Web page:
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Poet, musician, scientist

Rob Jackson turns to music and poetry when he needs a mental recharge from his main research focus, which is the study of how humans are affecting the Earth. His research on the extraction and use of natural gas provides the basis for the development of sound policy for resource development that protects people and the environment.


Ker Than
April 2, 2015
Credit: Stacy Geiken

Rob Jackson occasionally picks up the guitar that sits in the corner of his office and strums it to help organize his thoughts. It also helps him get through particularly long teleconferences.

“There can be 25 people on a telecon and you might speak once in an hour. So occasionally I put my phone on mute and play my guitar. It’s like knitting. You can knit and still pay attention,” said Jackson, the Michelle and Kevin Douglas Provostial Professor, who arrived from Duke University last year.

Occasionally, he plays his music before audiences, and sometimes teams up with his son, David, an undergraduate at Stanford and a gifted piano player. “David is the real musician in the family, “Jackson said. “We write songs together occasionally – Sometimes I’ll send him some lyrics, and he writes music to them.”

Rob Jackson sings the lyrics to "Gone to Texas", a song that Jackson and his son, David, wrote about Jackson's father-in-law, John Graves.

Poetry, both the reading and writing of it, is another frequent release for Jackson. “I’m always reading something that’s not peer-reviewed. Science and art satisfy different parts of me,” said Jackson, whose appointment is in the Department of Earth System Science. Jackson is also a senior fellow at the Precourt Institute for Energy and the Stanford Woods Institute for the Environment.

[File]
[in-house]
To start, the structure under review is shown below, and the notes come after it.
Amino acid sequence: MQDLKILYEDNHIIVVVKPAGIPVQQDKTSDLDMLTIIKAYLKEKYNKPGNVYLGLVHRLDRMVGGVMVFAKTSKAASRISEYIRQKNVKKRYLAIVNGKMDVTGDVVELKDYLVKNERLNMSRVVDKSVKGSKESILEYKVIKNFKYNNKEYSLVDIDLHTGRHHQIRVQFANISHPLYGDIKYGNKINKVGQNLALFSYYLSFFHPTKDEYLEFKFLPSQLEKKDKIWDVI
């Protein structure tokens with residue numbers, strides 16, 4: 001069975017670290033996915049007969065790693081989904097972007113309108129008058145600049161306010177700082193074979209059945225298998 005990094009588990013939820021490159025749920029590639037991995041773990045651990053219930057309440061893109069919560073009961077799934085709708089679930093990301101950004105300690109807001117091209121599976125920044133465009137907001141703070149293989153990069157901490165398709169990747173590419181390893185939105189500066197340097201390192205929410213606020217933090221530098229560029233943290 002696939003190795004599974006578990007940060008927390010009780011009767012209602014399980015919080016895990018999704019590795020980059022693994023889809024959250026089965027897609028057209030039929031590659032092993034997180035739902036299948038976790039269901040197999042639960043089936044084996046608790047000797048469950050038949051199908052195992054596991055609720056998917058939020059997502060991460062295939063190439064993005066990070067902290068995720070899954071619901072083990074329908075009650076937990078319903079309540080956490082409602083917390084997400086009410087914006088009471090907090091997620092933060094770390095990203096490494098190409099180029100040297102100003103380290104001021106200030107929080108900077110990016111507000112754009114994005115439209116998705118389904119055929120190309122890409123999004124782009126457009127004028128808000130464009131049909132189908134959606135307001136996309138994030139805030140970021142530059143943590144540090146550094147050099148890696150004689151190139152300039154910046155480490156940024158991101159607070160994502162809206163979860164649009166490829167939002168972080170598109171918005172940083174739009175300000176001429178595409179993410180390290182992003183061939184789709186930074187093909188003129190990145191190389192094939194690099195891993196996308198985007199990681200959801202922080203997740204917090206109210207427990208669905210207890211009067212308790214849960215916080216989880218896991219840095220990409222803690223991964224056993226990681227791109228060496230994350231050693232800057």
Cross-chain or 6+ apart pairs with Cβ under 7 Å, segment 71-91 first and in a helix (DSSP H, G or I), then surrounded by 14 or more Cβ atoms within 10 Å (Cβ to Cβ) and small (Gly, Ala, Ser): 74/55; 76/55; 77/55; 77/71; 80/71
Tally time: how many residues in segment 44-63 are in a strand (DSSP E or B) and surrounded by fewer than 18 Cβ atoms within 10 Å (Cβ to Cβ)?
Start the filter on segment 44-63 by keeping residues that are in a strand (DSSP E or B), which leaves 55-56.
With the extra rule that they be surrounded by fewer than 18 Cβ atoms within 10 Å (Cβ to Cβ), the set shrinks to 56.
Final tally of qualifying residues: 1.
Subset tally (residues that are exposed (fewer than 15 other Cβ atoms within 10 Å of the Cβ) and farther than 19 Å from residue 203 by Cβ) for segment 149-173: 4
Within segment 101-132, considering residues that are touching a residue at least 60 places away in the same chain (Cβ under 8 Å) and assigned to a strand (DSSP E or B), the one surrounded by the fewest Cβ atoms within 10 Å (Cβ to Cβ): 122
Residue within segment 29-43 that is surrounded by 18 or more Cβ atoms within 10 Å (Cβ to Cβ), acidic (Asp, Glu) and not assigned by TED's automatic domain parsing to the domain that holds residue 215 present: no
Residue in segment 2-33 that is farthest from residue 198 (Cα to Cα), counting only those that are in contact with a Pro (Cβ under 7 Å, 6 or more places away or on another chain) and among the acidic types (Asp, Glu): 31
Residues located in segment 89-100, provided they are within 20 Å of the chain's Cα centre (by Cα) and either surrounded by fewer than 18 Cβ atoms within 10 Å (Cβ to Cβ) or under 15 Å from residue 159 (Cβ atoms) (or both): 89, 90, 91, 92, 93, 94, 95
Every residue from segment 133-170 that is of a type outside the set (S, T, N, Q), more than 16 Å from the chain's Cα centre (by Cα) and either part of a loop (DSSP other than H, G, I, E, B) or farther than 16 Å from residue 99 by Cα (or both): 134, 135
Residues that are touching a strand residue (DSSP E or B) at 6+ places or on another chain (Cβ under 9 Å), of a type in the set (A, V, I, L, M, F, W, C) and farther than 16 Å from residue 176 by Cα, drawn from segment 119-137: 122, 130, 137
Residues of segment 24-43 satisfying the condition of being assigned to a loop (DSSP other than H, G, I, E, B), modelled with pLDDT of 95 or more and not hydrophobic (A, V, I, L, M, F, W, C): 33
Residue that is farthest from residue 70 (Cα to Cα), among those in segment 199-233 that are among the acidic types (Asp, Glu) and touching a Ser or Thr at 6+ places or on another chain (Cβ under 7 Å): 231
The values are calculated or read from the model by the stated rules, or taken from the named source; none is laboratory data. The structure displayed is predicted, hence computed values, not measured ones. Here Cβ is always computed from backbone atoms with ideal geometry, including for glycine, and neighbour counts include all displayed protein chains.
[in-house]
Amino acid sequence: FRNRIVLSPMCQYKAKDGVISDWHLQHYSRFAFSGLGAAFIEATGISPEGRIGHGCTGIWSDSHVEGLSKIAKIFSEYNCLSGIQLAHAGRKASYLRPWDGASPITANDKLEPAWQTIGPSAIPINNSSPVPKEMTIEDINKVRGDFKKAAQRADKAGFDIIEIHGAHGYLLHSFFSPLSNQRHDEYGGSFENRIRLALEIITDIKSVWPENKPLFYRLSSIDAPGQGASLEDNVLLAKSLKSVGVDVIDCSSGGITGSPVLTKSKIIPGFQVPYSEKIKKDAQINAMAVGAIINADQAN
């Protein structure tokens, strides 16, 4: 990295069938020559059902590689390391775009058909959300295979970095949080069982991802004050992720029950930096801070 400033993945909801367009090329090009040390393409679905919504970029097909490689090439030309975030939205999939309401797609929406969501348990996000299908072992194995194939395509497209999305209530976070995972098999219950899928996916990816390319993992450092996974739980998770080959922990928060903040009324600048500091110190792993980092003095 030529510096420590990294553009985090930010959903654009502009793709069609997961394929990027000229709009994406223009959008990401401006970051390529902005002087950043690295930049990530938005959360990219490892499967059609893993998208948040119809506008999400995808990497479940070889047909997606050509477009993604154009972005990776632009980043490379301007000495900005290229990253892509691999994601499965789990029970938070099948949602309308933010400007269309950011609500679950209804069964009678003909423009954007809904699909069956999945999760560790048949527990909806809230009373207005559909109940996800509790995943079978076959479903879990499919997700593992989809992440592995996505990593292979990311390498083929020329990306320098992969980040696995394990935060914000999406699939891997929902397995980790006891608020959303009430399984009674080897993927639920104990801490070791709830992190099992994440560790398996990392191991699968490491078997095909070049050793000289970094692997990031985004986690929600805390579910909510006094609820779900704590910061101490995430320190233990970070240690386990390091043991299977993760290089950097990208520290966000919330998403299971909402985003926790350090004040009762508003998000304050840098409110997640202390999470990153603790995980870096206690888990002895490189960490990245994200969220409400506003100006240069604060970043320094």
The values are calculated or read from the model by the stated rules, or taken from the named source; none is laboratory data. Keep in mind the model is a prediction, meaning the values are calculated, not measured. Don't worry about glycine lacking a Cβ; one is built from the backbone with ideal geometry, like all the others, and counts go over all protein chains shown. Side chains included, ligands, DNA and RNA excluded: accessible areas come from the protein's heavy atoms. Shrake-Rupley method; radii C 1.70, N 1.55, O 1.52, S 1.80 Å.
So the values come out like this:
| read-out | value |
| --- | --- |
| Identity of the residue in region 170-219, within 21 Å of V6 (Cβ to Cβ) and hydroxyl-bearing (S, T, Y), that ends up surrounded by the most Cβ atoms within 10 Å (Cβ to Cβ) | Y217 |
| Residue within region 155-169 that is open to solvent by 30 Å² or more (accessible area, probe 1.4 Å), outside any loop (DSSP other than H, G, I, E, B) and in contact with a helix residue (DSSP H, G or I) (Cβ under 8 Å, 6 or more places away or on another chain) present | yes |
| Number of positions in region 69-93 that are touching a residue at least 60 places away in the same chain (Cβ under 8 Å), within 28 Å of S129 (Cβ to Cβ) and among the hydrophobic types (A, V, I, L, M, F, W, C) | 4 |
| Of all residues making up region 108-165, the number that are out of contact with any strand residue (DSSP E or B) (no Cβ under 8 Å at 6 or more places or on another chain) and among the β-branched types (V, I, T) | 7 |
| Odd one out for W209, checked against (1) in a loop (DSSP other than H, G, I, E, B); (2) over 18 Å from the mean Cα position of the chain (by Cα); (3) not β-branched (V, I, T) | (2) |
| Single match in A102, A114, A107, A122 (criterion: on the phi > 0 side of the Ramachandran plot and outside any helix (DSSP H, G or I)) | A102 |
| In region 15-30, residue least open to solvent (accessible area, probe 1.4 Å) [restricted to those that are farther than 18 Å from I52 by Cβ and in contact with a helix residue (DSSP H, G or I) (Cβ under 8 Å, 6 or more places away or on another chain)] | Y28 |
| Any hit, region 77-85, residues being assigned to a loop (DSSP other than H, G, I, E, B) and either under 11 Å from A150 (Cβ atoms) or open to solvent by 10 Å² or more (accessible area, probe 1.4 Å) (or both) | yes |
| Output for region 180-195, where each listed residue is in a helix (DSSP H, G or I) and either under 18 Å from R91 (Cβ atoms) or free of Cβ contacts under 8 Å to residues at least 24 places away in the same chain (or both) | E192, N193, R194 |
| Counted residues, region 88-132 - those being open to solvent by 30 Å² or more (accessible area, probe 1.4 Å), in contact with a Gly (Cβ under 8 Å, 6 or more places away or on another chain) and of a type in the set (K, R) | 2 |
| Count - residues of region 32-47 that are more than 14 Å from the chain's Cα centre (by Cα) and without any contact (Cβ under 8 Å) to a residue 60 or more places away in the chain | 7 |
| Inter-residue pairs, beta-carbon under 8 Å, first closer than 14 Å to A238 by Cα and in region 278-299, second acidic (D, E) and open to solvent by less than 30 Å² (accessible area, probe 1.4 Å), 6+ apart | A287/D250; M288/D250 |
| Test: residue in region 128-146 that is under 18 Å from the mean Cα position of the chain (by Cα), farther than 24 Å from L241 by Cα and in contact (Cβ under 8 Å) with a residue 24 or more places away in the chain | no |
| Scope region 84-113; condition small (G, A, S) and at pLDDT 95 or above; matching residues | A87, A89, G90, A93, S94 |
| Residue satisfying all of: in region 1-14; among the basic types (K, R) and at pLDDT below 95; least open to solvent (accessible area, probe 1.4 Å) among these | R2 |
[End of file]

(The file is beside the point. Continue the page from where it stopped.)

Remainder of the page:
He has published poems in journals such as Southwest Review and Avocet, and has read his poetry on National Public Radio. “Poetry helps me see the world differently,” he said. Jackson is also the author of two books of children’s poems, Animal Mischief and Weekend Mischief. Some of the poems can be traced back a decade, when he was traveling through Argentina during a sabbatical with his wife and three young children. “I would work in Buenos Aires for a couple of weeks, then we would leave for the field. In Patagonia we wouldn’t see anybody for days at a time. I began writing children’s poems for my kids as a way to pass the time,” Jackson said.

How people affect Earth

Jackson is best known, however, as a leading expert on the different ways that people affect the planet. “I’m particularly interested in the relationships between the living part of the Earth, or the biosphere, and the more physical part that is underground. That includes studies of where plants get their water and nutrients, the effects of deforestation, and other land uses,” Jackson said.

Lately, his research has focused on topics related to energy, including the extraction and use of natural gas. One of his most recent studies concluded that leaky pipes and seals in natural gas wells, and not the hydraulic fracturing process itself, are to blame for reports of methane-tainted drinking water in Pennsylvania and Texas.

I believe in human ingenuity. Ultimately, I believe in the human spirit—that people will care about the Earth around them and about the generations to come.